We met for lunch to discuss potential internship opportunities, as well as paid positions as the company develops a new product and department in my city.
It went well – really well. And it only took a few minutes time to make it all happen.
Resources for Owning an Interview
The internet has made everything easier than it used to be. Studying up for interviews is absolutely included in this list of things made easier.
Here are just a few of the things I read and investigated before going to the interview:
- Form 10-Q – This is valuable for any job with any publicly-traded company, or with any company that has publicly-traded competitors. The Form 10-Q is a quarterly report of business operations and accounting information related to the most previous quarter. In it, you find the company’s business model, as well as additional information that can make you look like Einstein in an interview setting. Look specifically at the risks stated in the 10-Q about the business itself. This is a great way to know about all the emerging products or services in your potential employer’s industry. Businesses are required to list additional risks like exchange rate fluctuations or potential supply chain disruptions. If you see this stated risk, you know the firm is international in some respect. Find out how, where, and why.
- Conference calls – I listened to a conference call between investors and the company’s senior members. This is an excellent way to catch up on the history of the firm in 20 minutes of questions and answers. Analysts are always quick to probe executives as to what is going on when and where. In particular, they want to know if the previous goals set by the firm are still in place today. (i.e. Is the new expansion in XYZ place still in the works?) This is also a good way to know a lot more about a firm than what you read in the press.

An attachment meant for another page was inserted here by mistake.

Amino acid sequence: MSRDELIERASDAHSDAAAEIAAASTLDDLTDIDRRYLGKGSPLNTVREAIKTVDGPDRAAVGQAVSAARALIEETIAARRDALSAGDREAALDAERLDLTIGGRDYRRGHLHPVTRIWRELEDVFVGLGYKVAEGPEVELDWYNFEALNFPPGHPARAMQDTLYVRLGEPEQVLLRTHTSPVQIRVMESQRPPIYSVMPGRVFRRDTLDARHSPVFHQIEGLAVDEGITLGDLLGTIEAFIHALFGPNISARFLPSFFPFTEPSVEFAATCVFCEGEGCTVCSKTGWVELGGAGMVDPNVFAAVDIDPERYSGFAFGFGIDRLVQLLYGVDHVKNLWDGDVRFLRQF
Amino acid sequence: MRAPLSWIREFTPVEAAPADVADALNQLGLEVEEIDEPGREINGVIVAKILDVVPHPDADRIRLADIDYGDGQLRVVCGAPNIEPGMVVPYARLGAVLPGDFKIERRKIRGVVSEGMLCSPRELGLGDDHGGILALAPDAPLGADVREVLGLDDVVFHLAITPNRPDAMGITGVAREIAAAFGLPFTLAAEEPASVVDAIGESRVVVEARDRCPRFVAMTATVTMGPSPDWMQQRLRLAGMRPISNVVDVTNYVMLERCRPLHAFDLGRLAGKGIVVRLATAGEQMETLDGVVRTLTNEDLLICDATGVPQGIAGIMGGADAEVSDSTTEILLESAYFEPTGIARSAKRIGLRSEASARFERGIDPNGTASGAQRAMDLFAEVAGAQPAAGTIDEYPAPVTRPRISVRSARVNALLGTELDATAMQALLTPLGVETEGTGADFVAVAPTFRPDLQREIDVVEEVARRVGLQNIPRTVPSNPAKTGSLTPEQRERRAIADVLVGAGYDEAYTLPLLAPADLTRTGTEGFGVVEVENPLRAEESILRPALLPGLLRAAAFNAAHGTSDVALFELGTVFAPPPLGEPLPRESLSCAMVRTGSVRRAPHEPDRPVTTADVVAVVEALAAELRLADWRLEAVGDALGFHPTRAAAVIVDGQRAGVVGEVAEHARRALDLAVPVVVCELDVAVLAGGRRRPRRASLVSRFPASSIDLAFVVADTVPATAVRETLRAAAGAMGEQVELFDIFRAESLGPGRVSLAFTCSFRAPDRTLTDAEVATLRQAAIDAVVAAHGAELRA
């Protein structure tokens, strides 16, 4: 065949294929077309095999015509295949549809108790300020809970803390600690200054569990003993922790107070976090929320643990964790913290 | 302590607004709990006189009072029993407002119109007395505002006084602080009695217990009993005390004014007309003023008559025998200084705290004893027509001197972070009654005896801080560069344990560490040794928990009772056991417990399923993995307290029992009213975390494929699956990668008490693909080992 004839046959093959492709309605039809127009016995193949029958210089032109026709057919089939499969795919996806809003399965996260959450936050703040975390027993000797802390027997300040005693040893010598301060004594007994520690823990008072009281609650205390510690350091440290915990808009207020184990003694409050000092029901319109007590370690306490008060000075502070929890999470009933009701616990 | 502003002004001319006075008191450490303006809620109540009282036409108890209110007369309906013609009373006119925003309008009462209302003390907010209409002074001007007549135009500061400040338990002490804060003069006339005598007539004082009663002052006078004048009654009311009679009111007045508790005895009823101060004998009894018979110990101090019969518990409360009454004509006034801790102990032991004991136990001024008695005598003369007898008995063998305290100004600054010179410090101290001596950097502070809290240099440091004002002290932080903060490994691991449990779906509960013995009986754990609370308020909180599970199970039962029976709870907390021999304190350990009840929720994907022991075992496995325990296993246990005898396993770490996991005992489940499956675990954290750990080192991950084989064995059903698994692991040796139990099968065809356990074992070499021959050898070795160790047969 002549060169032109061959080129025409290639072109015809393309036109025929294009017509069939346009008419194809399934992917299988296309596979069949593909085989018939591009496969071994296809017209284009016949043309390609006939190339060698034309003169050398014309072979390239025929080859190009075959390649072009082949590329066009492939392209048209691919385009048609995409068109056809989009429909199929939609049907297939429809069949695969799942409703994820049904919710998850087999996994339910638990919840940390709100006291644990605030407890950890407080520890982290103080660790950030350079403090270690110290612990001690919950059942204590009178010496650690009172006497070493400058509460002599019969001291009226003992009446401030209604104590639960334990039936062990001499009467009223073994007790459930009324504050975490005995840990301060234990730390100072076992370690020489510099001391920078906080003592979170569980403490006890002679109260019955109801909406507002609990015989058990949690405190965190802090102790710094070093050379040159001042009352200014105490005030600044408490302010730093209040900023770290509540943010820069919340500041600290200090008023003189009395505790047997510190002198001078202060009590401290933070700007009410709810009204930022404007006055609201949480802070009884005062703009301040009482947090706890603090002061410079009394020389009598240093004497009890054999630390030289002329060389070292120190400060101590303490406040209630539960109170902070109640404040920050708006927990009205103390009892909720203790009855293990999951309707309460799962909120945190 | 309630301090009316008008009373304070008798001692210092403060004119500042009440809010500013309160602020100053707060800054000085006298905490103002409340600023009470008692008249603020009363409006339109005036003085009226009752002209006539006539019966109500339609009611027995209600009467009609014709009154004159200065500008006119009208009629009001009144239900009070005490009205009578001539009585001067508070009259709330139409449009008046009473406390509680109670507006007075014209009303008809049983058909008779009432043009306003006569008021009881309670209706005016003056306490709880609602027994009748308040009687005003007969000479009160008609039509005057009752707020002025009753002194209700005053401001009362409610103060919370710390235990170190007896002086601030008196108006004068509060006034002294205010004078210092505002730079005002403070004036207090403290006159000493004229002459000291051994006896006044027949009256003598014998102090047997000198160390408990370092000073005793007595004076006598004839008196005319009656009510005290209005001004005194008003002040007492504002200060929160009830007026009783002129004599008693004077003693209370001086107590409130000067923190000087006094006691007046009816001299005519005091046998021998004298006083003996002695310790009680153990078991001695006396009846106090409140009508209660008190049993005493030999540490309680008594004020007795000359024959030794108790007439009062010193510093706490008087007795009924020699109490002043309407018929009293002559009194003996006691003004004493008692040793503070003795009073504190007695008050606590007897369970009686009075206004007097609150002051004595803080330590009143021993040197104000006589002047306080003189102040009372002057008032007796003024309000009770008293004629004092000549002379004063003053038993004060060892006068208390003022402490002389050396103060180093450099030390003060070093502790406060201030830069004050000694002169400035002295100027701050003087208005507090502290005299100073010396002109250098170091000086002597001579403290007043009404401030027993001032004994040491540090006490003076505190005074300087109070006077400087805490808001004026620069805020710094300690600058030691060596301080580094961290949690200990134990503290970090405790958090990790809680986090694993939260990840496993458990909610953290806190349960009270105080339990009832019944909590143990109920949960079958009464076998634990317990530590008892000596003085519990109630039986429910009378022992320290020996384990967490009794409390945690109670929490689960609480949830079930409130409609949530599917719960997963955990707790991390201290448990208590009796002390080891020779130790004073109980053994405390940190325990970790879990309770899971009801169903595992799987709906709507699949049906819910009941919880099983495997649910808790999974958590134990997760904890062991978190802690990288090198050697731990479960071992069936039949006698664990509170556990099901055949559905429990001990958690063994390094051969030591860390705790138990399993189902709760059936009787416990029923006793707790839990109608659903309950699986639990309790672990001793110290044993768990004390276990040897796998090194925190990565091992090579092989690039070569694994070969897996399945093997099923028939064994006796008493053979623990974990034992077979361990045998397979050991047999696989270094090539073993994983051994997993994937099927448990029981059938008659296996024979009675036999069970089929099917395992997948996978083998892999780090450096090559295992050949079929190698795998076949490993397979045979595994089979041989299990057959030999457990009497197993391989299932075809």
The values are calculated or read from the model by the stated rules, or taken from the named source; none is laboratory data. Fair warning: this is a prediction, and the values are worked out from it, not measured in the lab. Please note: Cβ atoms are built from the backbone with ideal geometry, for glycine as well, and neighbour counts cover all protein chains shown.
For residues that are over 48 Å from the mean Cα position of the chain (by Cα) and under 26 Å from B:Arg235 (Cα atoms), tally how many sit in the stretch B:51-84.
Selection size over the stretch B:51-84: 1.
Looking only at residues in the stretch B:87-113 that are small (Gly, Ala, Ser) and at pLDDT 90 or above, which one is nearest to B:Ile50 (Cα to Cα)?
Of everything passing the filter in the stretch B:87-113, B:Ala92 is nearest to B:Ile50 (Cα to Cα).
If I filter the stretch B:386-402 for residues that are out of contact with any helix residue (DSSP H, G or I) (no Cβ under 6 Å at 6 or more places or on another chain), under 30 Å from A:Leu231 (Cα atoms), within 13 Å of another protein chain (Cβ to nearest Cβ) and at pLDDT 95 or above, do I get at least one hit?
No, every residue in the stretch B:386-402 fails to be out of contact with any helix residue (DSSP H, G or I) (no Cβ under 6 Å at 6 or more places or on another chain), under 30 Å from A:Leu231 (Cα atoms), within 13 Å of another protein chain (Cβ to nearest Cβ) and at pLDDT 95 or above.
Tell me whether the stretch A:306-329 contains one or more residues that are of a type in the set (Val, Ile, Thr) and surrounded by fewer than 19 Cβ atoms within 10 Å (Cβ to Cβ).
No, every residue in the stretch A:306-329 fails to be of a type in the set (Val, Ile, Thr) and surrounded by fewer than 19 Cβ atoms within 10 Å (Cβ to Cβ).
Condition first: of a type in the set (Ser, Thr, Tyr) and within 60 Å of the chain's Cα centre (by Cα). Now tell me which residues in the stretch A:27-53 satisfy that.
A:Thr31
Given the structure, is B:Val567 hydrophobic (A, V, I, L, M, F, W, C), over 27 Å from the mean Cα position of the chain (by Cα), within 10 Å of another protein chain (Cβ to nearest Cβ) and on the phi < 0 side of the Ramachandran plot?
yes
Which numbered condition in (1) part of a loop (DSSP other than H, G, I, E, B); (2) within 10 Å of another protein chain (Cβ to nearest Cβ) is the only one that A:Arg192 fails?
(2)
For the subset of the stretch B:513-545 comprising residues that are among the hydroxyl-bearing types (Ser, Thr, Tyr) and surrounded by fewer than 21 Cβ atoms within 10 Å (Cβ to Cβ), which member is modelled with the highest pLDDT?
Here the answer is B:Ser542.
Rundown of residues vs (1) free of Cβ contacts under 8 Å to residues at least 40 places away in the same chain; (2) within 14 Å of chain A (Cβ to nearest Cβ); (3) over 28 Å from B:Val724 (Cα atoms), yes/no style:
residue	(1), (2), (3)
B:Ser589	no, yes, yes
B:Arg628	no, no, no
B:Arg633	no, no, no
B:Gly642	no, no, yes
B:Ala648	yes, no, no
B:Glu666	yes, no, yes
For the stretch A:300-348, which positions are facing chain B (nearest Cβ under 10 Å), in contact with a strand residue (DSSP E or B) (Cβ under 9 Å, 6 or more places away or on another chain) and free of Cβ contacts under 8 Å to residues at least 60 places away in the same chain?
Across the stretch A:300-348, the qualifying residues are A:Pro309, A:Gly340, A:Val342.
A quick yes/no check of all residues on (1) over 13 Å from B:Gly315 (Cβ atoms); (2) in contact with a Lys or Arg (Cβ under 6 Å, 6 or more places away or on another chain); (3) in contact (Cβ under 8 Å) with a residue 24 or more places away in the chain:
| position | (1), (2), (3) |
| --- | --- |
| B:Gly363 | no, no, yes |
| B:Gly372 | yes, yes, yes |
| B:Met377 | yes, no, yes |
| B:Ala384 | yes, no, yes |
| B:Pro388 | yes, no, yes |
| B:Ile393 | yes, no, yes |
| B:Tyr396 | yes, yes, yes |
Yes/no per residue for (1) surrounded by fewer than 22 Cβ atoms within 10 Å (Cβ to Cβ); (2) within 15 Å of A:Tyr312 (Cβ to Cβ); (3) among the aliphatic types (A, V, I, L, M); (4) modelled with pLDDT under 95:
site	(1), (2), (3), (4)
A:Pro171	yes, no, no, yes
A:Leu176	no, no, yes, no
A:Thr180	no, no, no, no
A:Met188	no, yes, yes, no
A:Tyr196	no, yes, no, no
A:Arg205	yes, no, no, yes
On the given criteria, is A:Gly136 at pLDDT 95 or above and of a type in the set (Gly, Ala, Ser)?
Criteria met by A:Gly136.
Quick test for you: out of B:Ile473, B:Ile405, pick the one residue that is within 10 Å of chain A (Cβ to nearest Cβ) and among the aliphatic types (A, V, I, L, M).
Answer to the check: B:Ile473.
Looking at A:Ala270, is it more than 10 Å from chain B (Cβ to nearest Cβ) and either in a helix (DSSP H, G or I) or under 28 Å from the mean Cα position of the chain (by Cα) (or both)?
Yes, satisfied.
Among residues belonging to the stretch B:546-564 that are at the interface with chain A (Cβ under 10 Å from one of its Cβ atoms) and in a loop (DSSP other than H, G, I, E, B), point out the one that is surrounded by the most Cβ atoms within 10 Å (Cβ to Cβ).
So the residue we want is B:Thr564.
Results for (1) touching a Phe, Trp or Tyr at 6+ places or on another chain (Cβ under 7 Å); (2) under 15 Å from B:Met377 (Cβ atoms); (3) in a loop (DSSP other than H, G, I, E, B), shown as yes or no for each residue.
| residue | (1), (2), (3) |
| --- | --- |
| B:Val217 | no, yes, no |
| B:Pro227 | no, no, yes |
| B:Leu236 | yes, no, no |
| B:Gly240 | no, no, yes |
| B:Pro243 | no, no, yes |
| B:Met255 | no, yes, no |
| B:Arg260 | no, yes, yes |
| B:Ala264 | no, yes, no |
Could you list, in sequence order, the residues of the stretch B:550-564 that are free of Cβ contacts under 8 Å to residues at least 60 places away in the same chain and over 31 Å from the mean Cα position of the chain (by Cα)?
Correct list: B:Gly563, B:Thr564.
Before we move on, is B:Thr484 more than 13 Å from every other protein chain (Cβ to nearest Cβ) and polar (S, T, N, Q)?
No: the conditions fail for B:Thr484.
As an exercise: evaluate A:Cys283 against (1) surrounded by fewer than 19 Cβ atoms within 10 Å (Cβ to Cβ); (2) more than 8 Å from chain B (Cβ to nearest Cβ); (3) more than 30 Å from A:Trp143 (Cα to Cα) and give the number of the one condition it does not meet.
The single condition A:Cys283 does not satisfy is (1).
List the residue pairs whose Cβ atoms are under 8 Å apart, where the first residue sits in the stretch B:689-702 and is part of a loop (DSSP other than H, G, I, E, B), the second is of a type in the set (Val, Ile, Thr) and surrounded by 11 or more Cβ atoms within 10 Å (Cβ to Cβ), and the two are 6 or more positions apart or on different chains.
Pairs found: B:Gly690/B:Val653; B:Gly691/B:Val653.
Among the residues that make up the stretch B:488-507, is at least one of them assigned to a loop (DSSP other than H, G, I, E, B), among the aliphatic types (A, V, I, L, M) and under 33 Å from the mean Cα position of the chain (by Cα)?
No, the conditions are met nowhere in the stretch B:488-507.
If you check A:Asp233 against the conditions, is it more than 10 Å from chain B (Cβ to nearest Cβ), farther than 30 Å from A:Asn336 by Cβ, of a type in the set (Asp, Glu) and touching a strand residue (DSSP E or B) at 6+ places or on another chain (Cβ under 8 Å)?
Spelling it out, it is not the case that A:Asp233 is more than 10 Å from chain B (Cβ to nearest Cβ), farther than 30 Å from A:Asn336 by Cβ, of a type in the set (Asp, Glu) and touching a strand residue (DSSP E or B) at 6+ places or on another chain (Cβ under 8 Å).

- Wikipedia – If it’s a big company, it has a Wikipedia page. If it’s huge, the founder has a Wikipedia page. You would be an absolute fool not to learn about all the key executives that work for a firm, their story, and the story of the company.
- Google News – Again, search the company name to find new and emerging products and services the company is rolling out.
Pro Tip: Yahoo Finance makes it really easy to find 10-Q filings for any company.
Pro Tip: You can find conference calls on a company’s website in the “Investor Relations” section. Alternatively, search SeekingAlpha for a transcript of the company’s most recent conference call.
Pro Tip: Searching Google News for the company name as well as the words “press release” is a good way to drill down to get all their most recent releases about the company’s activity.
Wait – You’re Not Supposed to Ask THAT!
A few minutes into the interview I was asked point-blank if I had visited the company’s website. Now, usually this is something employers ask about indirectly by testing your knowledge of the company. It caught me off-guard – to be asked this question directly is an indication that others the manager had spoken to had not bothered to do even most basic research.
Later, he lamented that I was “talking on a whole different level” compared to others interviewees. Don’t get me wrong, I will take a compliment any way it comes, but I felt undeserving. All I had to do was use Google to read about the company and the business model to beat the others?
I mean, are you kidding me? That would be considered cheating in school, lazy to my professors, and merely resourceful at work.
Let’s make something very clear – this is a financial firm and I prepared by casually perusing their public financial statements. At least 95% of the people who would show up to an interview would be finance and accounting majors. Accounting and finance majors know what a financial statement is…I hope.
It’s Easy to Get any Job You Want
Now I get it – despite the long-run benefits of employment, the short-run costs apparently appear too high. A job is just a job, right? Who cares about being employable?
I can’t imagine not preparing for an interview. I’m not one to get stressed, but this might just make me pull my hair out. Anecdotal evidence suggests that the hour’s time I put into learning about the company and it’s business put me in a much better position than others. Until I experience something to lead me to the contrary, I’m going to keep on using the above resources for any interview or sales call.
What resources have you used to give you a leg up in an interview?
Do people really go into interviews completely unprepared?
Photo by: Earls37a